Scar Team

If we are going to deliver drugs to the bottom layer of the skin (the dermis), there may be a few problems inherent in the technique of using lasers to create multiple small, temporary tunnels in the skin. As surgeon scientist, Dr Josef Haik, reported at The Scar II Conference, it is all very well getting a laser to create a route for drugs to get to scars, but the laser may stimulate surrounding swelling and a physical block from burning, both of which prevent drug movement. His research team are getting around this problem by investigating how a unique device can create a physical pressure wave to drive drugs into the small holes that the laser makes and as such, improve the likelihood of therapeutic success. ...

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2 weeks ago

Scar Team

At The Scar II Conference, there was much talk about how we can get drugs deep into the skin to improve scarring. Normally the top layer of the skin provides a waterproof barrier to prevent loss of salty fluids and protein from the skin. This is a beneficial and vital role. However, the waterproofing of the epidermis can also prevent drug entry unless the chemical is adapted to make it favour the more fat-like epidermis (a 'lipophilic' drug). One way of allowing drugs to penetrate more deeply is to give them an artificial route into the bottom layer of the skin. Uwe Pasch from the University of Leipzig gave a fascinating talk on how lasers can help. The fractionated, ablative lasers create thousands of microscopic tunnels within the skin down to the dermis where scars are formed. If a drug is applied immediately after the tunnels are created, it enters and exerts its action after binding to the walls of each tunnel. This may be a future simple route for drug delivery which could be tailored to the nature of each scar. Thicker scars would necessitate a stronger laser energy and more tunnels on the surface to allow more drug to penetrate deeply. ...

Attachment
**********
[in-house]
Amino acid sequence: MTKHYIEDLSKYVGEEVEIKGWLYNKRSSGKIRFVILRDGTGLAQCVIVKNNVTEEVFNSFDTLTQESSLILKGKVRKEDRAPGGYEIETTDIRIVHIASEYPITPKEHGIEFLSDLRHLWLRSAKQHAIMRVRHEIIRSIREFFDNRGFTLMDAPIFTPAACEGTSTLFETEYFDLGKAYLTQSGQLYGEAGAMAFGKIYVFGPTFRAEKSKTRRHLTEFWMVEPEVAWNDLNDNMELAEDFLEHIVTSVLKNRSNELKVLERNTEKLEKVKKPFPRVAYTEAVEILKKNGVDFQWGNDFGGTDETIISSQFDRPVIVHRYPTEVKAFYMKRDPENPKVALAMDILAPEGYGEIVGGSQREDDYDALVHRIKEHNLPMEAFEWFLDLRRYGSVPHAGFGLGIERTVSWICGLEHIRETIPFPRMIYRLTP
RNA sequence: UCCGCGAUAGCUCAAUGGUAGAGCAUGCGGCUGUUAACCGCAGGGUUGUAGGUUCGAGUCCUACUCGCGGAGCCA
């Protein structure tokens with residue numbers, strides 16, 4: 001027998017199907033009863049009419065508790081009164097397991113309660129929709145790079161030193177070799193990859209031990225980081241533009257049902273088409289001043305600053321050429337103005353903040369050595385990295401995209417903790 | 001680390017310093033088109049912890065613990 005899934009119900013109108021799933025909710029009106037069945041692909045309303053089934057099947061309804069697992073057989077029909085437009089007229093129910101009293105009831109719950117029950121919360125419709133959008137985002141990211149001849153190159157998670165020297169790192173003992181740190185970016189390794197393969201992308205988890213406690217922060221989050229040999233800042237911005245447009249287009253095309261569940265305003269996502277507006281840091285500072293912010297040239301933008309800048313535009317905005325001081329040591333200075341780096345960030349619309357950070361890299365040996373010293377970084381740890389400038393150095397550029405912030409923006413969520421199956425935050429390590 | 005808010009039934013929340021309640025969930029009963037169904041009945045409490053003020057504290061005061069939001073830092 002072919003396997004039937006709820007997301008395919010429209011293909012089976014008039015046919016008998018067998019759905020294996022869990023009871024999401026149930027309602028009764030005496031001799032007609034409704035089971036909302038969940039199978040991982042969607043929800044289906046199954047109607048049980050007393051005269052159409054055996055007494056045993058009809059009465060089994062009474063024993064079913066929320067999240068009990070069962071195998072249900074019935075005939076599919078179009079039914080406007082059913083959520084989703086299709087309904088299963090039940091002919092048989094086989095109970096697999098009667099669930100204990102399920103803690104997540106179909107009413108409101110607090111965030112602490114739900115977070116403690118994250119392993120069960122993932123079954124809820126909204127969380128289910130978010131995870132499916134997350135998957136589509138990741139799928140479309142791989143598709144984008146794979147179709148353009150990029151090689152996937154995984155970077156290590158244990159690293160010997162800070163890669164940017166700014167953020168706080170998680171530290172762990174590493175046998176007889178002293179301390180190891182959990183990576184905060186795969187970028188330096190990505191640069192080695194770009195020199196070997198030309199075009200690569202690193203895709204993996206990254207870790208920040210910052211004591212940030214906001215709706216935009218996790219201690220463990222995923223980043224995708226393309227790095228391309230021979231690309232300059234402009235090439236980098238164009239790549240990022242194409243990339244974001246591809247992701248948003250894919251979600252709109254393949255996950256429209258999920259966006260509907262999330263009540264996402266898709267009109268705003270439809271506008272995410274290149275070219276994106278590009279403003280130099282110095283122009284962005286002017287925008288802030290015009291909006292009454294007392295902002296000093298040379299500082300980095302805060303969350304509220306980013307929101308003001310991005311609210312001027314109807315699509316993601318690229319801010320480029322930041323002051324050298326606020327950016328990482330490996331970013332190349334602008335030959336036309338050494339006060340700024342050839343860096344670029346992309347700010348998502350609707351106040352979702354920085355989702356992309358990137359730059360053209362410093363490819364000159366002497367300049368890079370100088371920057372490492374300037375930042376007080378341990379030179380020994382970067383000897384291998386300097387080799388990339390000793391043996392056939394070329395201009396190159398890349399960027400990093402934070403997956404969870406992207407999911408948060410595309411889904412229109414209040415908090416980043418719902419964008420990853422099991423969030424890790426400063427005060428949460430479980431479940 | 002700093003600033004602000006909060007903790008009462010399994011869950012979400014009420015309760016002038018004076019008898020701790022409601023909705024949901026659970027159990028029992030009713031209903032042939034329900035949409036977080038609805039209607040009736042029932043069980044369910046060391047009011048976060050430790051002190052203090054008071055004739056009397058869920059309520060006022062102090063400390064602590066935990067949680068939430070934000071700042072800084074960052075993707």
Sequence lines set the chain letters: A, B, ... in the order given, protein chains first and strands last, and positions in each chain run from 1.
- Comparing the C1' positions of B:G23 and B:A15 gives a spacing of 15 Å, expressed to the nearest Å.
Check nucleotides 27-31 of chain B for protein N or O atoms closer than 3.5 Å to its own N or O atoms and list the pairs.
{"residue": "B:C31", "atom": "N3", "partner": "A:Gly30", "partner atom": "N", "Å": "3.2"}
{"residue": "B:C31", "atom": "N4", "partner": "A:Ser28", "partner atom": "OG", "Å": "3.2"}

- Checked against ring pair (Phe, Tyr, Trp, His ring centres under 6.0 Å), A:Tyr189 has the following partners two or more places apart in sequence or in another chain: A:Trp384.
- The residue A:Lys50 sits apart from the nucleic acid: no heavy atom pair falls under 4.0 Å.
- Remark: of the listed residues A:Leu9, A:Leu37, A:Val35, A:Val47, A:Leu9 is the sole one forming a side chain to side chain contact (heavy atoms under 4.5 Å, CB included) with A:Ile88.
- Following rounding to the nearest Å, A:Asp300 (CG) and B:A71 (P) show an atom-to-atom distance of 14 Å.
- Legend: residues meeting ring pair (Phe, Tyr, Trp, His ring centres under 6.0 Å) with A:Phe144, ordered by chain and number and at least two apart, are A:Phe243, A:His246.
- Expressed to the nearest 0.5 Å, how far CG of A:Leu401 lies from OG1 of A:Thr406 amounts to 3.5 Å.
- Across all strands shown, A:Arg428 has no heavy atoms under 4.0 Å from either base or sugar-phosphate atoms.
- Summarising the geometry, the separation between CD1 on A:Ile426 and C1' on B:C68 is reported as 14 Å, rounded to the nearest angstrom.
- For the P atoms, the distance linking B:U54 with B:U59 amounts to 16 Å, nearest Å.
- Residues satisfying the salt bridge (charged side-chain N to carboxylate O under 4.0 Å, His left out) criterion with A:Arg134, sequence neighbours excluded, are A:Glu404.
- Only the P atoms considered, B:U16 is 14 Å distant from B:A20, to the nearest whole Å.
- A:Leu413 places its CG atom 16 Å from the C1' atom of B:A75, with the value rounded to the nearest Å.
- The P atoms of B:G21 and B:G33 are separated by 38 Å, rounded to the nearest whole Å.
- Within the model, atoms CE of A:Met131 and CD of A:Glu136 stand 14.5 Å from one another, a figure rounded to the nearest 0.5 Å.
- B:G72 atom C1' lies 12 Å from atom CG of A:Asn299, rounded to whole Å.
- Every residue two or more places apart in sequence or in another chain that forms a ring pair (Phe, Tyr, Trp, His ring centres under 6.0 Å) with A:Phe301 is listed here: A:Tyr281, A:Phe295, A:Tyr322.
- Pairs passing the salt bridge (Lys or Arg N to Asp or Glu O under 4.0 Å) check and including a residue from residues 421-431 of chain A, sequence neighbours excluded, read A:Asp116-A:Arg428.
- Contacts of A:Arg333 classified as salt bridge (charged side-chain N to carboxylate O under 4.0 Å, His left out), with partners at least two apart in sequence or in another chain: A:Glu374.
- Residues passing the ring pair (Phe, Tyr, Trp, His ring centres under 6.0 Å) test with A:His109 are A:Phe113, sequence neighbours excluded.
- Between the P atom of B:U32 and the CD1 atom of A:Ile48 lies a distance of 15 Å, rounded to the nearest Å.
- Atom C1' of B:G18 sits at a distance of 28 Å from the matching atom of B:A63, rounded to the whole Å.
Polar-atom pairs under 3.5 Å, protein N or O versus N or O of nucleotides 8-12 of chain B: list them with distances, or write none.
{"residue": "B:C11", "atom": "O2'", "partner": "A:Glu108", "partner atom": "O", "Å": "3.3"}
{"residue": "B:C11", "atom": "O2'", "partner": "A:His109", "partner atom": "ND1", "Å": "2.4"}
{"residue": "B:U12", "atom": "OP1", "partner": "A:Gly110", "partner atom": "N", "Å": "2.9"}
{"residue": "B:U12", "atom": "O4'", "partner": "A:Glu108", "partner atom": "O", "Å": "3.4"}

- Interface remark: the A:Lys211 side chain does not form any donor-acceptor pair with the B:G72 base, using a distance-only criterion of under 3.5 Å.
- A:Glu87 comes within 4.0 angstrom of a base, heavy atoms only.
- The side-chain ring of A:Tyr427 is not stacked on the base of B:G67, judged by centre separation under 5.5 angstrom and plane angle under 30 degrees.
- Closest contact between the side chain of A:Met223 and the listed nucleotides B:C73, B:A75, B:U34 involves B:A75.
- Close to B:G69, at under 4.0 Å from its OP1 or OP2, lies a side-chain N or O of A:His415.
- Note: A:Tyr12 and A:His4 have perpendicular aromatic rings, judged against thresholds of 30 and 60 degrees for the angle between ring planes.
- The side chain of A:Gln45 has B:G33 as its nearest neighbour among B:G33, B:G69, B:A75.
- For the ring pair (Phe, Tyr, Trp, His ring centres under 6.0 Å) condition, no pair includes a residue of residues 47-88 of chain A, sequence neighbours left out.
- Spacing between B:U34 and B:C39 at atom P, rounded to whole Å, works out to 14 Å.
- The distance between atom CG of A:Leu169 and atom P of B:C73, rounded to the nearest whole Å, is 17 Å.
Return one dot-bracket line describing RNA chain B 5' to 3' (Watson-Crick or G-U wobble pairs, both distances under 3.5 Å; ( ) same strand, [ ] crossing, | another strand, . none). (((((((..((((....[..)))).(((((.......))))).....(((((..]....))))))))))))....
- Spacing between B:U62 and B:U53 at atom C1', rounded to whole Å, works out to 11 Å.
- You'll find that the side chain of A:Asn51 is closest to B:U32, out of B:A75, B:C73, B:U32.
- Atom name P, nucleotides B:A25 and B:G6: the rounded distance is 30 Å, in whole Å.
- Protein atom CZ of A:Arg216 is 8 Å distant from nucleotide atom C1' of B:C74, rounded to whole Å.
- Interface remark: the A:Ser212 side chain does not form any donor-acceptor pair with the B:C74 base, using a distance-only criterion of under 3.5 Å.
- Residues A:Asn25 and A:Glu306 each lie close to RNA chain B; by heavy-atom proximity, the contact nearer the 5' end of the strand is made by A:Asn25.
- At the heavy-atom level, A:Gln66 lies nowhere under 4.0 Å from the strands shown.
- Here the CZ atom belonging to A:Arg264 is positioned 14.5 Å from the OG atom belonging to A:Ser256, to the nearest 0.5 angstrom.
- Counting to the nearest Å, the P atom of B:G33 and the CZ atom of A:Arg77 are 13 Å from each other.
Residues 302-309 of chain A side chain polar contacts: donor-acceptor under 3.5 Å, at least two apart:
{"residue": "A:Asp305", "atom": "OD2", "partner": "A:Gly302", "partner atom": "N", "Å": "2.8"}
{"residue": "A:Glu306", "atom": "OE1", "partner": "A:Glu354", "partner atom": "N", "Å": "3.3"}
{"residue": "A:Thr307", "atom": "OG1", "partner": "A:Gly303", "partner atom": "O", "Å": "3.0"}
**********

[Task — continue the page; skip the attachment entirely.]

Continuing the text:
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2 weeks ago

Scar Team

Michael Gold, a dermatologist from the United States, has carried out a number of studies to demonstrate the utility of silicone in the setting of hypertrophic scars. In 1993, he undertook a split-site study, where only one half of the scar was treated with topical silicone gel sheeting and the other was not. Only the treated side flattened and became less red. Since then, his group have undertaken experiments seemingly indicating that early topical silicone, immediately after a wound has been closed, has a similar benefit in so much as there was a lesser recurrence of hypertrophic scarring. We have long used topical silicone at the scar team and over the coming months, we will be exploring how it should be used and the potential mechanisms by which it is thought to work. ...

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2 weeks ago

Scar Team

How long does it take for a scar to a mature? In work at the University of Maastricht, the answer was found to be, 'surprisingly long'. In a review of 361 patients over five years, there was a clear difference with age and with treatment modality. Young subjects (<30 years) took longer for their hypertrophic scars to mature (average 35.6 months) compared to older patients (>55 years, average 22.5 months to mature). Treatment techniques seemed to expedite healing including: pressure garments (23.2 months average); silicone (35.5 months) and combination therapy (30.6 months). Although not entirely rigorous as an observational study of a cohort of patients, it still raises important questions about the trajectory of a scar and when to intervene. ...